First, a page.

Patricia Watwood is a skilled oil painter and incredibly
deserving of a lot of praise for the art career she has built for herself.
She's also quite willing to share her approach to building a network for her
art, as she attests below. Enjoy!
|The Honorable Clarence Harmon, Mayor of St. Louis
by Patricia Watwood, oil on canvas, 24 x 18, 2002.
Collection of St. Louis City Hall.
recently asked me what I did to get recognized and become part of the art scene
in my hometown of St. Louis, but the truth is that when I lived in St. Louis I
wasn't part of the art community. In fact, I was not involved in fine art oil
painting at all during that time of my life.
I left St.
Louis right after high school and have been based in New York for the past 15
years. It was only about five years ago that I started to realize that St.
Louis could be a wonderful "second base" to balance out my New York
art community. (Plus it would allow me to combine work trips with visits to
Grandma's house with my kids!)
started with a few portrait painting commissions. My mother worked with the
former mayor on education policy and when the time came for his official oil
painting portrait, she said, "I know a talented portrait artist you could
consider--and she's a native of St. Louis!" (Thanks, Mom!) I
submitted a portfolio and subsequently won the commission.
that success, I did two commissions for Saint Louis University. This experience
with portraiture taught me that business is built on two priceless intangibles:
word of mouth and personal relationships. So, being in the right place at the
right time and developing one-on-one connections whenever I went back to St.
Louis or corresponded with interested individuals over the phone or email was
the key. It's a slow process, but I found that this kind of networking is the
most common way to receive new painting commissions.
||Dr. Kenneth R. Smith, Jr. by Patricia Watwood,
2010, oil on canvas, 40 x 40.
Collection of Saint Louis University.
ago, I decided to have a showcase in St. Louis and do an event to draw people
in and get the word out about my paintings. I sent invitations to my family's
extended network of friends and anyone else we knew in the community with an
interest in art. I then converted my mom's living room into an art gallery,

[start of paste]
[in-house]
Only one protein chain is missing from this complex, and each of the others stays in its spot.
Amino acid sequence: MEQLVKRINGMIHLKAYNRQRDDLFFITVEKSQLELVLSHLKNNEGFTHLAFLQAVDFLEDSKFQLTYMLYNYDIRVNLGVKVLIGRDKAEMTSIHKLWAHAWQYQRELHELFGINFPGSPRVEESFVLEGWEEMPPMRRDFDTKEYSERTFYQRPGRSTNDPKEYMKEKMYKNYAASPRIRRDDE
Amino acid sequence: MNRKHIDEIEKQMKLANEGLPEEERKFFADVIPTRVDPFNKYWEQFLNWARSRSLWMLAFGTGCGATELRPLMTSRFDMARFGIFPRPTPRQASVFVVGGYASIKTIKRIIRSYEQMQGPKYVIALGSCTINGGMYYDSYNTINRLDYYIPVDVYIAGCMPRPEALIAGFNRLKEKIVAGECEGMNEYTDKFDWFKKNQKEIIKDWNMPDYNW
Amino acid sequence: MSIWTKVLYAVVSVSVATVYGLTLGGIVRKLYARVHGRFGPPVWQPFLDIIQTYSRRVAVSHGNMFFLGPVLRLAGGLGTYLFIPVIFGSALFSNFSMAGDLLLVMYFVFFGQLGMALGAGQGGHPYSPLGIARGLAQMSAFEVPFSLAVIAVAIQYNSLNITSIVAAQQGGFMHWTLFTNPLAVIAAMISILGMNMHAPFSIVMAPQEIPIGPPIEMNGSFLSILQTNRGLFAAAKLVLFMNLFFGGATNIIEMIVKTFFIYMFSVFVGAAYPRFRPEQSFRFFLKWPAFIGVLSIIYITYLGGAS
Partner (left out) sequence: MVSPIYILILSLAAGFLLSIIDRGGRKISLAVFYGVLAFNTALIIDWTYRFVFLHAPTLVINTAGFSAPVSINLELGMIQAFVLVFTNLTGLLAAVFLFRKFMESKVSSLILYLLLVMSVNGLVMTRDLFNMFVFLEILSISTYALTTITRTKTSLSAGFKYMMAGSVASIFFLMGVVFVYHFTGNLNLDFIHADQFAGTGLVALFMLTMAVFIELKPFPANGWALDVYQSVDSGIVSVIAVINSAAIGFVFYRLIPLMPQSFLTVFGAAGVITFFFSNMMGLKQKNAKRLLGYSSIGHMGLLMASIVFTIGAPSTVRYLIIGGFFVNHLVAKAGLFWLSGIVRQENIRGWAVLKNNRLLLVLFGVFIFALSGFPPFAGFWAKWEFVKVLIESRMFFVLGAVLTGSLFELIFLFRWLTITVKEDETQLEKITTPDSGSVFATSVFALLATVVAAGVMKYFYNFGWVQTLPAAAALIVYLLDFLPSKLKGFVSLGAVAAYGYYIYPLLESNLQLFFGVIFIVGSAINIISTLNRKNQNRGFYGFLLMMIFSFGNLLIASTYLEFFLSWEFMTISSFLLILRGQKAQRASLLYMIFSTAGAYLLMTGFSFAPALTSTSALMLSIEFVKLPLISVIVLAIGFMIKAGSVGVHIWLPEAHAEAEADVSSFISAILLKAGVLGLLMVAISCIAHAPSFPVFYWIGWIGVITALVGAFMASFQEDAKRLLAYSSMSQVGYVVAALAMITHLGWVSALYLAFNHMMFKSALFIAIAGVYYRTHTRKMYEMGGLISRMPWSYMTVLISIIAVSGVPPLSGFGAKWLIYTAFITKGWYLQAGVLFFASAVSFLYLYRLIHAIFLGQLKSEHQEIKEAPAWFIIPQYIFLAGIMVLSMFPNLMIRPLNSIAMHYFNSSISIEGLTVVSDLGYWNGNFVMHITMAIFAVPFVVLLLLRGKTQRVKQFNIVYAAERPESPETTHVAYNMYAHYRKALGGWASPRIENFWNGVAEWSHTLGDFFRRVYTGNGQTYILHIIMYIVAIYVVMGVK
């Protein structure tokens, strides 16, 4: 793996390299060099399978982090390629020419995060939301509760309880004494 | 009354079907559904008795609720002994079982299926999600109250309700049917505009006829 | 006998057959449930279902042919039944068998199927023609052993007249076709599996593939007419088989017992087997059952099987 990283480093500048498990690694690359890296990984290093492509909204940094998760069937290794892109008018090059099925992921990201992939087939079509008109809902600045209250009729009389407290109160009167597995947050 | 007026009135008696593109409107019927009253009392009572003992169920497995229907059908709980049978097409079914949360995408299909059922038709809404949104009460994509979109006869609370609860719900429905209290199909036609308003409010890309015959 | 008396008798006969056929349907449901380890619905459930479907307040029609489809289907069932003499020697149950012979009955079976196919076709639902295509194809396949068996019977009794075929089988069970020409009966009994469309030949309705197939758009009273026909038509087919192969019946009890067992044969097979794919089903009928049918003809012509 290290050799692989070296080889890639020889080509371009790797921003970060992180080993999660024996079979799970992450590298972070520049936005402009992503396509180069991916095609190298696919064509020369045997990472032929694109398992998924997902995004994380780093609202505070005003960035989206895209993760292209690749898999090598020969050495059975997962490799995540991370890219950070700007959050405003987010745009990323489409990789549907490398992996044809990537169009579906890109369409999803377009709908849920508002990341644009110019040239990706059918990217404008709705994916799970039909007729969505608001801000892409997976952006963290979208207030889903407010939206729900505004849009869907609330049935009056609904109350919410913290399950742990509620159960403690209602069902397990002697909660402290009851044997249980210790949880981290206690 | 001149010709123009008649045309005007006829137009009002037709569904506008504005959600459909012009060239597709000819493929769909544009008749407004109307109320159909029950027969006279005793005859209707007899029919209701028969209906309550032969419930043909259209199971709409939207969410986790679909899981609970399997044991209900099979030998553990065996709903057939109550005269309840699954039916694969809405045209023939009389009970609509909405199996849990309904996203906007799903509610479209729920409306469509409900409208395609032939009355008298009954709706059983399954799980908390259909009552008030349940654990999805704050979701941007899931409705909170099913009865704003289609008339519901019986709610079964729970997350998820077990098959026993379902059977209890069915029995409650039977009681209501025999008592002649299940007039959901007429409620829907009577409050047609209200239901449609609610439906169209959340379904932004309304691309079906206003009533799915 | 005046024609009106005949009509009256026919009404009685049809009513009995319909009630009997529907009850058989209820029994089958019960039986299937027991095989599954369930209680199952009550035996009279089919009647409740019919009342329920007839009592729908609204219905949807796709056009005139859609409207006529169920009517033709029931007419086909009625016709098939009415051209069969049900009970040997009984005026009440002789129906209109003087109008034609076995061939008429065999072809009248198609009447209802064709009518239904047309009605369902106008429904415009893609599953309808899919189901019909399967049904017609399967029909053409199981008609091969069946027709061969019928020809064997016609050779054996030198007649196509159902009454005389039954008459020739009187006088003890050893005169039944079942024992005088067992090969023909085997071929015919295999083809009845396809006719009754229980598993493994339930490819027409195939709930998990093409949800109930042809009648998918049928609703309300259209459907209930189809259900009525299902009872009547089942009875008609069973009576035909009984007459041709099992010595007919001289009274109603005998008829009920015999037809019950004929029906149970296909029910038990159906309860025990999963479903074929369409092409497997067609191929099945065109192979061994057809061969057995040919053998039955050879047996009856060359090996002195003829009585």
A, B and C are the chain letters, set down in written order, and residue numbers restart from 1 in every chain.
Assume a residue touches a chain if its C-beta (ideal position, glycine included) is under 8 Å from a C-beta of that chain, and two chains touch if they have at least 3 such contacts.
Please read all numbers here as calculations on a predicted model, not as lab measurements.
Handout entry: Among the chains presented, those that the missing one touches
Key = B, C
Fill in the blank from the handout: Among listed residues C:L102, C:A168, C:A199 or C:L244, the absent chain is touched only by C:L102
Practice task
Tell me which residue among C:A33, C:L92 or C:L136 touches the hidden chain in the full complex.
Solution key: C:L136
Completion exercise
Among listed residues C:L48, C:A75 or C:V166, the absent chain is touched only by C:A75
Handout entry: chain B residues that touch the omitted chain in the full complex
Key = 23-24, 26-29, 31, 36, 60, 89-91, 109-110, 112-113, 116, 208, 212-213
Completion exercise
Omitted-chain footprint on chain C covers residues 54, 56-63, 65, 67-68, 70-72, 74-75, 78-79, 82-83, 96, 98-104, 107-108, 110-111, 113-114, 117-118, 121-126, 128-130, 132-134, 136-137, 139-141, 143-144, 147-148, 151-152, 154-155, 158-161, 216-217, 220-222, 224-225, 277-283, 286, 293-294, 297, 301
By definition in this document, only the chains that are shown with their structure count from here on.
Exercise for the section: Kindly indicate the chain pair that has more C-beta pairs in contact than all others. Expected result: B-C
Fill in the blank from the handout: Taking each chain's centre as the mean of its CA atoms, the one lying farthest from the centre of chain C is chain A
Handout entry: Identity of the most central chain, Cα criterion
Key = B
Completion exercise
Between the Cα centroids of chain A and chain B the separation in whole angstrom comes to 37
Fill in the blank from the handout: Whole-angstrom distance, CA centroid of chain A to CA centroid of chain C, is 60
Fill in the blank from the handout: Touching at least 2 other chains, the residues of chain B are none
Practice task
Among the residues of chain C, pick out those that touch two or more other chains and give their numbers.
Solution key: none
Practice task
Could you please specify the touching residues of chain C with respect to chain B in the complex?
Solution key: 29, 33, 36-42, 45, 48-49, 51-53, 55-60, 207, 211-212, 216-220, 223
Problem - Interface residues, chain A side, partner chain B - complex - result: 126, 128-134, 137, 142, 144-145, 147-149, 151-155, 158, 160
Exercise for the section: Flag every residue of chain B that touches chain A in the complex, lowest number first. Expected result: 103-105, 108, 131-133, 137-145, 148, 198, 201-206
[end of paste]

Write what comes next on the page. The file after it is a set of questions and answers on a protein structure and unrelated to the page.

bribed my mom to bake a bunch of delicious cakes, and we hosted a party. I put
together a slideshow presentation about the process of commissioning a
portrait, and set that up to play on loop in a corner of the
"gallery." I also gave a short talk about my art background, the New
York art community I'm involved with, and the importance of portraiture.
event, I made a good contact with a museum director in the community. The
executive assistant to the President of Saint Louis University also came to see
the showcase, and she recommended my work to the director at the Saint Louis
University Museum of Art. Happily, they eventually invited me to have an
exhibit at the museum in order to bring the world of contemporary realist
painting to the St. Louis audience.
So work to
develop key relationships in your circle of art, and over time this can lead to
new opportunities. And remember that friends and family can be your greatest
allies in spreading the word about your work. And if your mom's an awesome
baker--put her to work!
Patricia's story so inspiring because it seems like the road she took was quite
natural and made sense with who she is and wants to be as an artist. To hear
how other artists have made their careers come together their way, and for tips
and instruction in painting that will assure you have the means to match any
commission you come across, the entire year of American Artist issues from 2010
is available now on CD. It can give you the know-how to jumpstart your career right
away wherever you are!
are your experiences building your own artistic network? What strategies have
you used? Leave a comment and let us know.